Long convinced that the popular understanding of Herbert Hoover did not give him his due, I recently pounded through a biography of the thirty-first president. It was well worth the time; Hoover’s fascinating life as an engineer, humanitarian, and public servant made for excellent reading. I particularly enjoyed learning about Hoover’s humanitarian successes during the first world war and the early 1920s, when he headed up a global organization that provided food to millions of people in war-torn and famine-stricken countries. But as I read, I found myself asking: why was Hoover, who seemed like he should have all the abilities to make a good president, ultimately ineffectual?
I think the answer lies not in Hoover’s ability, but in his vocation, as his strong sense of civic duty and his ambition combined to make him reach for a job he should never have been doing. He was very, very good at being a humanitarian. He was not good at anything to do with politics. And yet he and many others believed his natural next step was the presidency. He would be a force for good in the office and he was very capable—why shouldn’t he be president? It just made sense.
In my opinion, Hoover fell victim to a trap many of us face: the idea that because we can do something, we should do something, particularly if this “something” has a bigger scope than what we’re currently doing. We’re wise to temptation when offered an opportunity that will be obviously damaging. The trap is far more insidious when, like Hoover, we’re presented with an opportunity that offers plenty of reasons to accept: a promotion at work; an invitation to run for local office; a chance to start a new, exciting ministry. If there’s no reason not to do something, we often assume we ought to.
King David had this same thought. 2 Chronicles recounts that towards the end of his life, he was seized with a desire to build a grand temple for God, thinking it was wrong that he had a beautiful house while the Ark of the Covenant stayed in a tent. The prophet Nathan even encouraged him in this desire. It made sense: David had the power and the money, he loved God and wanted to honor him, and it was kind of ridiculous that the Ark was still in a tent after all this time.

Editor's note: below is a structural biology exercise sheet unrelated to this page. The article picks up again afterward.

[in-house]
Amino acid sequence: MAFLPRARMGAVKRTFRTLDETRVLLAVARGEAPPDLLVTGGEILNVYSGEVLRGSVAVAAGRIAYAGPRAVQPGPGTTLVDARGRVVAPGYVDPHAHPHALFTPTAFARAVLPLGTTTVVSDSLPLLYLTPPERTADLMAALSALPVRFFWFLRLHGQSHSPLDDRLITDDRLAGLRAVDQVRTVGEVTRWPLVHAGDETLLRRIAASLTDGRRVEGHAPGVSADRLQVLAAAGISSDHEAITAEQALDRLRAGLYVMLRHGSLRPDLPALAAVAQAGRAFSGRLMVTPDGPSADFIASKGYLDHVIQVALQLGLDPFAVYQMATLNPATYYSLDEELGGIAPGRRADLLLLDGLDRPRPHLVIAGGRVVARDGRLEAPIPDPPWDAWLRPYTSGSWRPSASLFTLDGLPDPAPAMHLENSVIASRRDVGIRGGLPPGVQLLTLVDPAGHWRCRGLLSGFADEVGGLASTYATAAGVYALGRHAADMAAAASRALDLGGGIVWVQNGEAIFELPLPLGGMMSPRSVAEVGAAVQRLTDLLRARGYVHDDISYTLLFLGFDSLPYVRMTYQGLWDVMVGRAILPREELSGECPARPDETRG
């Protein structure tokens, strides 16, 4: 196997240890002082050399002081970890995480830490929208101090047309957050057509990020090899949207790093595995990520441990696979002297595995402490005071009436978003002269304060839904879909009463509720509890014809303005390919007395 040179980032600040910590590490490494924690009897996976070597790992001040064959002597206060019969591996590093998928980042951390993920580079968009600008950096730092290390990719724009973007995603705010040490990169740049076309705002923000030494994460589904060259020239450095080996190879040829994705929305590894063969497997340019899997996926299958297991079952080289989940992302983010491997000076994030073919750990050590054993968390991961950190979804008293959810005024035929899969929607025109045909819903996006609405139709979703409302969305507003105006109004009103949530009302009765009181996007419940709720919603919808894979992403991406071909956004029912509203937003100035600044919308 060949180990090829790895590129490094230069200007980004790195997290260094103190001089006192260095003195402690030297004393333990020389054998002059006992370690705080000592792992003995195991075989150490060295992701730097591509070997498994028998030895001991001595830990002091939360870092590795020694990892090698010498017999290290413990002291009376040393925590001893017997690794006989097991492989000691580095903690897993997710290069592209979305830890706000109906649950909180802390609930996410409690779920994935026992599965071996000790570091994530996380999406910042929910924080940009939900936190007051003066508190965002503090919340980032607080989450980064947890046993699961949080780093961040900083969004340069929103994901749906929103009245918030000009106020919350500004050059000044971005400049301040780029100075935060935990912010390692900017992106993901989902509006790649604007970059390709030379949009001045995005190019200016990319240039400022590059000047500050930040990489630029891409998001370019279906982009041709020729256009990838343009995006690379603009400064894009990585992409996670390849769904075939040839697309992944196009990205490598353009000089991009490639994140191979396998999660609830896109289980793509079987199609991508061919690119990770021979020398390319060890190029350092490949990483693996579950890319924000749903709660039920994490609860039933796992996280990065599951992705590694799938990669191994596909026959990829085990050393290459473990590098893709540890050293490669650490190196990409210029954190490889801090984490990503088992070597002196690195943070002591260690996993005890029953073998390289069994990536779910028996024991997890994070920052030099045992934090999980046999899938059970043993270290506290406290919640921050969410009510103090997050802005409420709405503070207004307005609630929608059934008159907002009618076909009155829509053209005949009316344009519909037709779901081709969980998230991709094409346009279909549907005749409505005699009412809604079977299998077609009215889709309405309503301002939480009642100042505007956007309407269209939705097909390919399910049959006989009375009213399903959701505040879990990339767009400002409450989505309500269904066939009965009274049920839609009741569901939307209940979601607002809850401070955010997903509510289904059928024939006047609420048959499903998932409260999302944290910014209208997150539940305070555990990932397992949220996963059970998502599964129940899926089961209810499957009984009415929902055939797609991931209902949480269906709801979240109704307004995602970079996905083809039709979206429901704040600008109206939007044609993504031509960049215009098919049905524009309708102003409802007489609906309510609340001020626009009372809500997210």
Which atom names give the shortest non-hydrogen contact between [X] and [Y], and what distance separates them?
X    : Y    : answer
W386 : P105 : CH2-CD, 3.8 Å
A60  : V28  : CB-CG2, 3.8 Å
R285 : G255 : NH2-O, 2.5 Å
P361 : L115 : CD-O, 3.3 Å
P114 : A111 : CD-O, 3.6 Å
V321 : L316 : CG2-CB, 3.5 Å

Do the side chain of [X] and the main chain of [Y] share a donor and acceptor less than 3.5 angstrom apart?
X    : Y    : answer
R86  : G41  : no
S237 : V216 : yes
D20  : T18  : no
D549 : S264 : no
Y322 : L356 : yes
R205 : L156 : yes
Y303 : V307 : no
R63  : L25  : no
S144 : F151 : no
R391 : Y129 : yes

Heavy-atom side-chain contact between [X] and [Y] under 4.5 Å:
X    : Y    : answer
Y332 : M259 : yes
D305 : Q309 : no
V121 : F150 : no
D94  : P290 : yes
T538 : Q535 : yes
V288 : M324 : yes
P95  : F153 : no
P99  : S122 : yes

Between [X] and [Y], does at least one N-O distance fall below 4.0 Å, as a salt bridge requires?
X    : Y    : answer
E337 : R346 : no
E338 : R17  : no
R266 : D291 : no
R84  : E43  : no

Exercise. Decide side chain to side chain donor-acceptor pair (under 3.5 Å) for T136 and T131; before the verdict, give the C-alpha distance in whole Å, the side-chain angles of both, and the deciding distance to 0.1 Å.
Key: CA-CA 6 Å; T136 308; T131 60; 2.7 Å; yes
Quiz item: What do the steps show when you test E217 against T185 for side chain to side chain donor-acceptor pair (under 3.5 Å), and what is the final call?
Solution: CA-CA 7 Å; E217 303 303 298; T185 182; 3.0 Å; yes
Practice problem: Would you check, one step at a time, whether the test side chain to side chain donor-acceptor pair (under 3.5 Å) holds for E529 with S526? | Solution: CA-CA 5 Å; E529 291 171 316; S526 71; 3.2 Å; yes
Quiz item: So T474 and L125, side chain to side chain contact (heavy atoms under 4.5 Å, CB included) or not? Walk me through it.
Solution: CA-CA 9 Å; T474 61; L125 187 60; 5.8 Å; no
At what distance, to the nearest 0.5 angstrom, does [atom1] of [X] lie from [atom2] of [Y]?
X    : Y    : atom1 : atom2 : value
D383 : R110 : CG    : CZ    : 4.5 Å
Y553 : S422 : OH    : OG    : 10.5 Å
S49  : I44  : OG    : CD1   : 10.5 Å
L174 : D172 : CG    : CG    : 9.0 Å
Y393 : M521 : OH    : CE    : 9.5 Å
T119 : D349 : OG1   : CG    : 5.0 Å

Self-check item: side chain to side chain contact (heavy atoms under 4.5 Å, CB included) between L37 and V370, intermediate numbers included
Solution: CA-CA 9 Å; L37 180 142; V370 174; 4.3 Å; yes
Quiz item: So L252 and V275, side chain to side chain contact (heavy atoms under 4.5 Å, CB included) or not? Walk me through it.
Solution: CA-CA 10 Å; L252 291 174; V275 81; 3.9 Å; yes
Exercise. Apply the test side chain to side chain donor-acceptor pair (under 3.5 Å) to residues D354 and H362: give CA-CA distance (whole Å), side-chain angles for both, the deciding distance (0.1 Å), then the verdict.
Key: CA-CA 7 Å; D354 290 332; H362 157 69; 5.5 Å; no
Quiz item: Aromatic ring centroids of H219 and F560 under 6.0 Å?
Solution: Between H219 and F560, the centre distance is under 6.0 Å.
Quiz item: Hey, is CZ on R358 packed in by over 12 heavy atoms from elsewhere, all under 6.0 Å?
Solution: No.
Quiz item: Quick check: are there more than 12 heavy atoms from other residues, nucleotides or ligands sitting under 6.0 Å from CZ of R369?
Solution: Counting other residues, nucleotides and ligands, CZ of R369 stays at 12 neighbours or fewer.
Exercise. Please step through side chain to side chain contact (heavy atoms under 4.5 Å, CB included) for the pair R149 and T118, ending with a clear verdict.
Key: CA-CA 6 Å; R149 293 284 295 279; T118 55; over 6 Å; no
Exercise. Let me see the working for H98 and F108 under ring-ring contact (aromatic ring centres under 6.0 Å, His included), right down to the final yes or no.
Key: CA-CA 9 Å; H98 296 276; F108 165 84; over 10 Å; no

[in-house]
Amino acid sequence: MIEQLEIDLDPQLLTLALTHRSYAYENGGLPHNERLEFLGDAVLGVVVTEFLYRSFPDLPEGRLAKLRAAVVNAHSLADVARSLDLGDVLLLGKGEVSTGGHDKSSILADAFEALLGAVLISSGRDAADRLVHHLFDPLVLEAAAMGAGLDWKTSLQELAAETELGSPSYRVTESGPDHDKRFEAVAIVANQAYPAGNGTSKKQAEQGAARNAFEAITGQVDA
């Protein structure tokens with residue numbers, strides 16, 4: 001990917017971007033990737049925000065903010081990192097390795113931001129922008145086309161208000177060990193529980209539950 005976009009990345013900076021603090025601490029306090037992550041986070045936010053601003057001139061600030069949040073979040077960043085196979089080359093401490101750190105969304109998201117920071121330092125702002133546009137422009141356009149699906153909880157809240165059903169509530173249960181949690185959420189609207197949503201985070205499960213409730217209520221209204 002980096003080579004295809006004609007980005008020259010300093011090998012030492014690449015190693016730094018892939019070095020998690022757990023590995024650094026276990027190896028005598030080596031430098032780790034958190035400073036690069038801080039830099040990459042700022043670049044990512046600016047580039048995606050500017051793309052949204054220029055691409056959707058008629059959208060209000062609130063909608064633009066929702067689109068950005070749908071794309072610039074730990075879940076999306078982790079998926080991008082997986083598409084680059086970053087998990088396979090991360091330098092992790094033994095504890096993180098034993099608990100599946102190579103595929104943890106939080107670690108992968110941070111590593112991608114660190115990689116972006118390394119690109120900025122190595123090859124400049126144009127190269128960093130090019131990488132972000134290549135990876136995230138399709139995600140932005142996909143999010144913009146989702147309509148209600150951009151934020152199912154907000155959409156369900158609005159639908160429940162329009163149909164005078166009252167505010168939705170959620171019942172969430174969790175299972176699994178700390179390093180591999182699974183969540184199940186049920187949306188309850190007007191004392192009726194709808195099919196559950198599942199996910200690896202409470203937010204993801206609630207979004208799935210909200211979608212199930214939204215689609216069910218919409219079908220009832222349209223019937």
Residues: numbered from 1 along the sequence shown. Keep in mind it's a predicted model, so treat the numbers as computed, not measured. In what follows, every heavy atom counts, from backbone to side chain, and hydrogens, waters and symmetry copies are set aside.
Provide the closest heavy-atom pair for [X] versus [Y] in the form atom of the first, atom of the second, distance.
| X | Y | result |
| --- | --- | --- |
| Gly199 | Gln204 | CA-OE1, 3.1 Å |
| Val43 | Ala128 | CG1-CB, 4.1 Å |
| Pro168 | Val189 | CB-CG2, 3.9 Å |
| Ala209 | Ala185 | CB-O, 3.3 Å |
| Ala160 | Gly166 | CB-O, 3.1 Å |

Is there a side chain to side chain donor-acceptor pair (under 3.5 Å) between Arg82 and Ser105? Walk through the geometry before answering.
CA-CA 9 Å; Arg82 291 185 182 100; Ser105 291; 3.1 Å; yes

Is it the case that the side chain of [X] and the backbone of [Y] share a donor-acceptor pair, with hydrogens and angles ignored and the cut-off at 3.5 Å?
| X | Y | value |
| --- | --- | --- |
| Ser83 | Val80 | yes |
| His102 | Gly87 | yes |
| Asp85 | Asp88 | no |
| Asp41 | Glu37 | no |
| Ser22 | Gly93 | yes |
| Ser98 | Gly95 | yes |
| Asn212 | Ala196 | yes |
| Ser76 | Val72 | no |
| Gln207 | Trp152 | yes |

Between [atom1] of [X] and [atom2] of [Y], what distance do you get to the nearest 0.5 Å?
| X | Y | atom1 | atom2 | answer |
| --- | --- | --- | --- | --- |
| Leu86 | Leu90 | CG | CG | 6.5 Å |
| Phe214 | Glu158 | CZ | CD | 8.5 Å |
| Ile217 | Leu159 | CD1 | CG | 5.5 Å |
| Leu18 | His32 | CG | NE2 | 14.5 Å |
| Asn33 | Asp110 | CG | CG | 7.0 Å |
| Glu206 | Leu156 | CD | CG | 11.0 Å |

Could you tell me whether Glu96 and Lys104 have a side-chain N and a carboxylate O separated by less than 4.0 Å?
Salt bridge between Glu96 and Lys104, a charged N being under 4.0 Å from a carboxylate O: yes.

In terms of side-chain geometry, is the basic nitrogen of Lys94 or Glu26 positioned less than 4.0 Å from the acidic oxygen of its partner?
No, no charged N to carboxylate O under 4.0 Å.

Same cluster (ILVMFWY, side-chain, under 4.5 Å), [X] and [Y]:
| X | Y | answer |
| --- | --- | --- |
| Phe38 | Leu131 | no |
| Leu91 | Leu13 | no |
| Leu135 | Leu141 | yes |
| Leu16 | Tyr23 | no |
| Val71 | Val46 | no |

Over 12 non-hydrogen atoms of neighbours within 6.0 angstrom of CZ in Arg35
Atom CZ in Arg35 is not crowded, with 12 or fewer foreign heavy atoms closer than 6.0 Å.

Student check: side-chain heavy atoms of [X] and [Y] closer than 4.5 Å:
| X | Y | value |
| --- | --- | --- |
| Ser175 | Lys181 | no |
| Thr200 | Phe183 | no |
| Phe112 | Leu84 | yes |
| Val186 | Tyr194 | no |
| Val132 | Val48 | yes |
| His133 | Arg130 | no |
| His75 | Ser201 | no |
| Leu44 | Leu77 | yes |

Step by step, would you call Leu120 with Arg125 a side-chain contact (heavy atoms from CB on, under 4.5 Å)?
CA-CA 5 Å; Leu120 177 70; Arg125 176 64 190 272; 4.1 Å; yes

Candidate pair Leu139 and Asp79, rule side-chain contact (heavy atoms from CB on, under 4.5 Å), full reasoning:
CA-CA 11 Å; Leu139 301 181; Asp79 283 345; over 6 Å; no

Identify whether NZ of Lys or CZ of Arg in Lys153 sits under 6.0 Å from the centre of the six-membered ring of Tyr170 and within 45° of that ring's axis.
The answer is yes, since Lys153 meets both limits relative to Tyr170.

But God put a firm stop to that!
At least four times in the last twelve chapters of 2 Chronicles, David recounts how God told him that no, he definitely should not build the Temple. David, a man of war and a great king, could fundraise, donate, and draw up the plans—as indeed the Spirit enabled him to do (2 Chronicles 28:12, 19)—but God had earmarked the actual construction for Solomon. And David obeyed without hesitation, turning all his efforts from the task he could do to the task he should do.
How often do we, like Hoover and David, run ahead of what God wants us to do? Both individuals and churches can fall into this trap, and often for the very best of reasons. Our desires and intentions are good: we want to serve more people, share the Gospel in new ways, make a greater impact for the Kingdom. And, indeed, some people and churches are called to these tasks and given these responsibilities. But many others of us are asked instead to stay where we are, to keep what we have, to not take advantage of every opportunity that presents itself.
Despite what our culture tells us, bigger and more is not always better, and what “makes sense” is foolishness to God. Rather than take the obvious next step we must always be sure that we are walking in Jesus’ dust, following our Master who regularly shunned the big stage and refused offered power in favor of doing His Father’s will.